So, shortly before the Munich massacre, a radical left-wing German group had started to campaign around the ‘non-justifiability of the State of Israel’. Leftists, they said, must ‘pitilessly combat the combination of Fascism and Israeli Zionism’. Later, the Red Army terrorist group, also known as the Baader-Meinhof Gang, welcomed the massacre of the Israeli athletes on the basis that it was a blow against Israel’s ‘imperialist extermination policy’. In the following years, this view of Zionism as akin to fascism, and of Israel as a peculiarly evil entity, became more and more mainstream on the European left. To such an extent that, now, Labour is led by and cheered by people who cleave to this view, to this view which found early expression in the anti-Semitic German left’s cheering of the massacre in Munich. What was once said by Baader-Meinhof is now said by Corbynista tweeters.

As argued by the late Robert Wistrich, a foremost expert on anti-Semitism, post-Munich and into the 1970s and 80s, ‘Anti-Zionism increasingly began to look like the leftist functional equivalent of what classical anti-Semitism had once represented for the fascist right’. That is, the moral divide between the old racist right and the new, supposedly radical left was really over the question of whether the Jewish people or the Jewish State were responsible for global rot and imperialistic calamity. It was one or the other. It was something Jewish.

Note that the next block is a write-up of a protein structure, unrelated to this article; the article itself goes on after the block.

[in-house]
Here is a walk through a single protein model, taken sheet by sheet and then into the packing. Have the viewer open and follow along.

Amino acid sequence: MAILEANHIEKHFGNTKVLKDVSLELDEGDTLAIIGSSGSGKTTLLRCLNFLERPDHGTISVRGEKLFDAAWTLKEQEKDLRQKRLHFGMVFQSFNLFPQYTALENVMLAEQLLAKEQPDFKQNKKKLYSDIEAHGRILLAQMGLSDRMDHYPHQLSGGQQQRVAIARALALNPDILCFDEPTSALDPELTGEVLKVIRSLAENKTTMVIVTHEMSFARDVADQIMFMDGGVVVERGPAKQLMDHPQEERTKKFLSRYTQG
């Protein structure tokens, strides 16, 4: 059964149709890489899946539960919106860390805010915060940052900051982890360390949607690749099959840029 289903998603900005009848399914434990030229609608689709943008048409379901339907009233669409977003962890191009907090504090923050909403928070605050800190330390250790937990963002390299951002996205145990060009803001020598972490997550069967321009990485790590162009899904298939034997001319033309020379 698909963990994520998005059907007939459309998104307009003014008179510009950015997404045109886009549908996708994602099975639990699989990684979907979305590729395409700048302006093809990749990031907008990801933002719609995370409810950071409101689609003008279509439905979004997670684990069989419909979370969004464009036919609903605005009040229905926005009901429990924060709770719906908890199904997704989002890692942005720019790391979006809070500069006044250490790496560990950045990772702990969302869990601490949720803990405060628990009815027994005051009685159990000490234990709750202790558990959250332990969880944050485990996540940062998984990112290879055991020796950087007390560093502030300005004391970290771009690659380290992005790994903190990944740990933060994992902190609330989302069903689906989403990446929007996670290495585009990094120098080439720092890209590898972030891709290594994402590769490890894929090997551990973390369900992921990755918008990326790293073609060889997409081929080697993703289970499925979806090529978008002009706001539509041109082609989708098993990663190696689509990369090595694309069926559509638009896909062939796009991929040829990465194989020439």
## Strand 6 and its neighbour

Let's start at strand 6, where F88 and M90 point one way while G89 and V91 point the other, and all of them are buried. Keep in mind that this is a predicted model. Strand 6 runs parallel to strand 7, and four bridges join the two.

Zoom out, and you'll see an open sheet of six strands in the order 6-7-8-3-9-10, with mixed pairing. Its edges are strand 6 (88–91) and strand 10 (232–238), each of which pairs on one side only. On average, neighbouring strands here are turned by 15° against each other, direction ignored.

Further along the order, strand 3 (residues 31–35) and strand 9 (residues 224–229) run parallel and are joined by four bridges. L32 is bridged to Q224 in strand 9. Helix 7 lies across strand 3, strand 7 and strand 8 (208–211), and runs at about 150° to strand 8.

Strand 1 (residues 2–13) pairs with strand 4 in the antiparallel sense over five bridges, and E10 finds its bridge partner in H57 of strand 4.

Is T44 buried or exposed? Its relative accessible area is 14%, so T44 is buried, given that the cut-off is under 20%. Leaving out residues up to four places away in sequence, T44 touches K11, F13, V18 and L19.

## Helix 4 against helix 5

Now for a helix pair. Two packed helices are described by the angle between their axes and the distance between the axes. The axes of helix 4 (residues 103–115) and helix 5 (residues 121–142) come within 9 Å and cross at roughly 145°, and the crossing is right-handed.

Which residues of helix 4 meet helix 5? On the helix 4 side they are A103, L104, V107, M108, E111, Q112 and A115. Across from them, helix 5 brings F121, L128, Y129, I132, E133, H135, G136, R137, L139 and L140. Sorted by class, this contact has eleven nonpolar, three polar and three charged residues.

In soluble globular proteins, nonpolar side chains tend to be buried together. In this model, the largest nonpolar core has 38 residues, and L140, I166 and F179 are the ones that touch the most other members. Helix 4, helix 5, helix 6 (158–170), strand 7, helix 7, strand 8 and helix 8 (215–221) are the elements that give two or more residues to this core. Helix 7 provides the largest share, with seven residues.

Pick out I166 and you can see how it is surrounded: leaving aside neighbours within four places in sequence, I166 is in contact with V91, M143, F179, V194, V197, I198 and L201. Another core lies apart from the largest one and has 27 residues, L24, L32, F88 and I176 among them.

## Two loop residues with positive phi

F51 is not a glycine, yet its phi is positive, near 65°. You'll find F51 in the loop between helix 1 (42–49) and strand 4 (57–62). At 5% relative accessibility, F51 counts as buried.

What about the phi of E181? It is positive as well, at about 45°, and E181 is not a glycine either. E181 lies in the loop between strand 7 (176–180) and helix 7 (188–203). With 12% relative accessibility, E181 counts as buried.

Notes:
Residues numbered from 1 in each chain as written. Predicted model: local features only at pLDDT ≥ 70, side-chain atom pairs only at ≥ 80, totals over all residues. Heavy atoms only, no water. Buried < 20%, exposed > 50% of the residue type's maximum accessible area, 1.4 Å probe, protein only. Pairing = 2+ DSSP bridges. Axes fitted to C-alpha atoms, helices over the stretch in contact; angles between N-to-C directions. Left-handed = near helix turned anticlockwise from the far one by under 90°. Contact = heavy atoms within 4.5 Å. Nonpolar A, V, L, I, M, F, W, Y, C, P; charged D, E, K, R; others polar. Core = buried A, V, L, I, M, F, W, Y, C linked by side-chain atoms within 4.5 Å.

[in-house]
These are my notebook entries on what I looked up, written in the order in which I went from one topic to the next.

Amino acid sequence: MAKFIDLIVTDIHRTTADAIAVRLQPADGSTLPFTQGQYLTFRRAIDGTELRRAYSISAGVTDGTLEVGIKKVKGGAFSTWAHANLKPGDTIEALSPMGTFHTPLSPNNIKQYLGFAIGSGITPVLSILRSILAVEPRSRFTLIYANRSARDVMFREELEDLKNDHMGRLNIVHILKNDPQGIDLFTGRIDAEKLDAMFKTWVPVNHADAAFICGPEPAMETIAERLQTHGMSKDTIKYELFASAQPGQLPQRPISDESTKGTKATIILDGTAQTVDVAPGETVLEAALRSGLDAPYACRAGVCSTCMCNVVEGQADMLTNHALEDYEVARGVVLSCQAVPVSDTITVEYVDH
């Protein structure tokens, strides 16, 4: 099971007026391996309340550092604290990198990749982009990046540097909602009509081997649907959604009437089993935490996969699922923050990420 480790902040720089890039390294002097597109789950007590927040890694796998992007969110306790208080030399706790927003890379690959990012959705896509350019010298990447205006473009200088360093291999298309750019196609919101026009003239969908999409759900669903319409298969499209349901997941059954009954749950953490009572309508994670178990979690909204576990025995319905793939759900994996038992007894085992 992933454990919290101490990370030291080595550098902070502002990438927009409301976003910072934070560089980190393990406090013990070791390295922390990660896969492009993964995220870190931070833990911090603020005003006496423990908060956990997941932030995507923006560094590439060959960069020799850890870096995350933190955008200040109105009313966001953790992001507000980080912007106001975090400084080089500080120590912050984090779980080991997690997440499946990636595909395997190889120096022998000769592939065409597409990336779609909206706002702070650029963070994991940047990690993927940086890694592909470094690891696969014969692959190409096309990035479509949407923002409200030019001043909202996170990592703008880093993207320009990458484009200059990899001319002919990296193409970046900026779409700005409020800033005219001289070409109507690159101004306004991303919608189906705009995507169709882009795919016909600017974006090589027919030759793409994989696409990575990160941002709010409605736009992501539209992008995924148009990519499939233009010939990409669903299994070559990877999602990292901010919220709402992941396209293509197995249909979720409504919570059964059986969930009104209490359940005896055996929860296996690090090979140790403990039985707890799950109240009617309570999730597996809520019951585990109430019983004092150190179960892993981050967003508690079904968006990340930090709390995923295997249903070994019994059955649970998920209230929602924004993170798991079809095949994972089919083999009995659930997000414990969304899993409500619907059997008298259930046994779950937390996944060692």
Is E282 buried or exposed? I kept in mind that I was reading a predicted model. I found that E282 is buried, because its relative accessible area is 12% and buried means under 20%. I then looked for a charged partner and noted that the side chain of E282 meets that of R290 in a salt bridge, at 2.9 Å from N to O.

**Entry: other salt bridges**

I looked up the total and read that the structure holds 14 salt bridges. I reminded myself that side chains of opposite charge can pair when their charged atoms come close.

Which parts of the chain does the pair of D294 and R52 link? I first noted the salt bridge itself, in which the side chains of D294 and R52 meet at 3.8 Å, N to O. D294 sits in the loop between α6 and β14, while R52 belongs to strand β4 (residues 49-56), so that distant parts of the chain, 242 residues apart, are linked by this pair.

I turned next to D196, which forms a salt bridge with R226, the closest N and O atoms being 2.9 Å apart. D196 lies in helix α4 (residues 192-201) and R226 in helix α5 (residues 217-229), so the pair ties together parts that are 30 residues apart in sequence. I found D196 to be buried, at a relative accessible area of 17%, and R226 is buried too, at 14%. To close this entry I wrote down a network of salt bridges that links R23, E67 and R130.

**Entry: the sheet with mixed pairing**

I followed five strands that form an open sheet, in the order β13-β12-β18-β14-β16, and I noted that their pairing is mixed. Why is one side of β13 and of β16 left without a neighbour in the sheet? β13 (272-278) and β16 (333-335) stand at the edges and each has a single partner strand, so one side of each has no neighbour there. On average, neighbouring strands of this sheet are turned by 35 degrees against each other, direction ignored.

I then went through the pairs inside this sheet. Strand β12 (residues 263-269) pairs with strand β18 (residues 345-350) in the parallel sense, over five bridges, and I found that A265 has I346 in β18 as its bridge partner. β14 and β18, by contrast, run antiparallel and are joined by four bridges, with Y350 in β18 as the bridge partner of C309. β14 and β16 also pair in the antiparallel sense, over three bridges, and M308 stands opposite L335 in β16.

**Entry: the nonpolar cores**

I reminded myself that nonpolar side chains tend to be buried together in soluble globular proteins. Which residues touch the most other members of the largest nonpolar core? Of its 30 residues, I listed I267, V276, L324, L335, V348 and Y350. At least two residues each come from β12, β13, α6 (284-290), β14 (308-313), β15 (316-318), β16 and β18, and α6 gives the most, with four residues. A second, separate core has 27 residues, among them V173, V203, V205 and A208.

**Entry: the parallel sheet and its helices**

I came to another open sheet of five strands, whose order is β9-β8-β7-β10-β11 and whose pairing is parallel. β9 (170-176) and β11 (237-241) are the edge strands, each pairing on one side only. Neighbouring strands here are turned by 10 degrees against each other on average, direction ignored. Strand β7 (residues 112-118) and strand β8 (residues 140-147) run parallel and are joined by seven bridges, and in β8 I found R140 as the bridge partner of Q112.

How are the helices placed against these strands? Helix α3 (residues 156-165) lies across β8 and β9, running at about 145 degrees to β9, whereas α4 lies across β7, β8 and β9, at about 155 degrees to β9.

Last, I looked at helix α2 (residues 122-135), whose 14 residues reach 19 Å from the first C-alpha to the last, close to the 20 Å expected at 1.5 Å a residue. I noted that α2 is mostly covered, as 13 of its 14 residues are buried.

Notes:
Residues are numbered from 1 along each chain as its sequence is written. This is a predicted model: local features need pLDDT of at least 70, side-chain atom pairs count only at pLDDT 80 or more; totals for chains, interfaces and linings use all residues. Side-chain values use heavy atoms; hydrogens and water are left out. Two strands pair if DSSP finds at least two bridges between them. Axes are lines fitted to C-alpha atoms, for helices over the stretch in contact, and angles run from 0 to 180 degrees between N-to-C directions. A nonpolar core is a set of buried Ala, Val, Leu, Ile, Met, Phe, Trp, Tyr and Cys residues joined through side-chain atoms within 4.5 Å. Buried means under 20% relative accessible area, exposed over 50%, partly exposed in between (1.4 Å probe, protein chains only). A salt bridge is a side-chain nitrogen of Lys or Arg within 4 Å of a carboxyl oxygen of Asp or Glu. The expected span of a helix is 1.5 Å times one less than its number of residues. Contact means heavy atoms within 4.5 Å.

And so we come full circle from the Red Army’s foul cheering of the massacre in Munich to Corbyn laying a wreath for those who were involved in the massacre. This is where the left is at now. Mired in an anti-Zionism that feels more prejudiced than political and which, as we have seen in the Corbyn movement, can very easily cross over into full-on anti-Semitism. Forget the media’s point-scoring on the Munich scandal; forget the Tory politicians seeking to make mileage out of it – that will always happen. Regardless of all that, Corbyn supporters should surely use the Munich scandal as an opportunity to ask some serious questions about their movement and about the state of the radical left more broadly. And about the return of the socialism of fools. Because if you are ‘present but not involved’ at a wreath-laying for the murderers of Israeli athletes, then you are very possibly just such a fool.

Brendan O’Neill is editor of spiked. Find him on Instagram: @burntoakboy

Picture by: Getty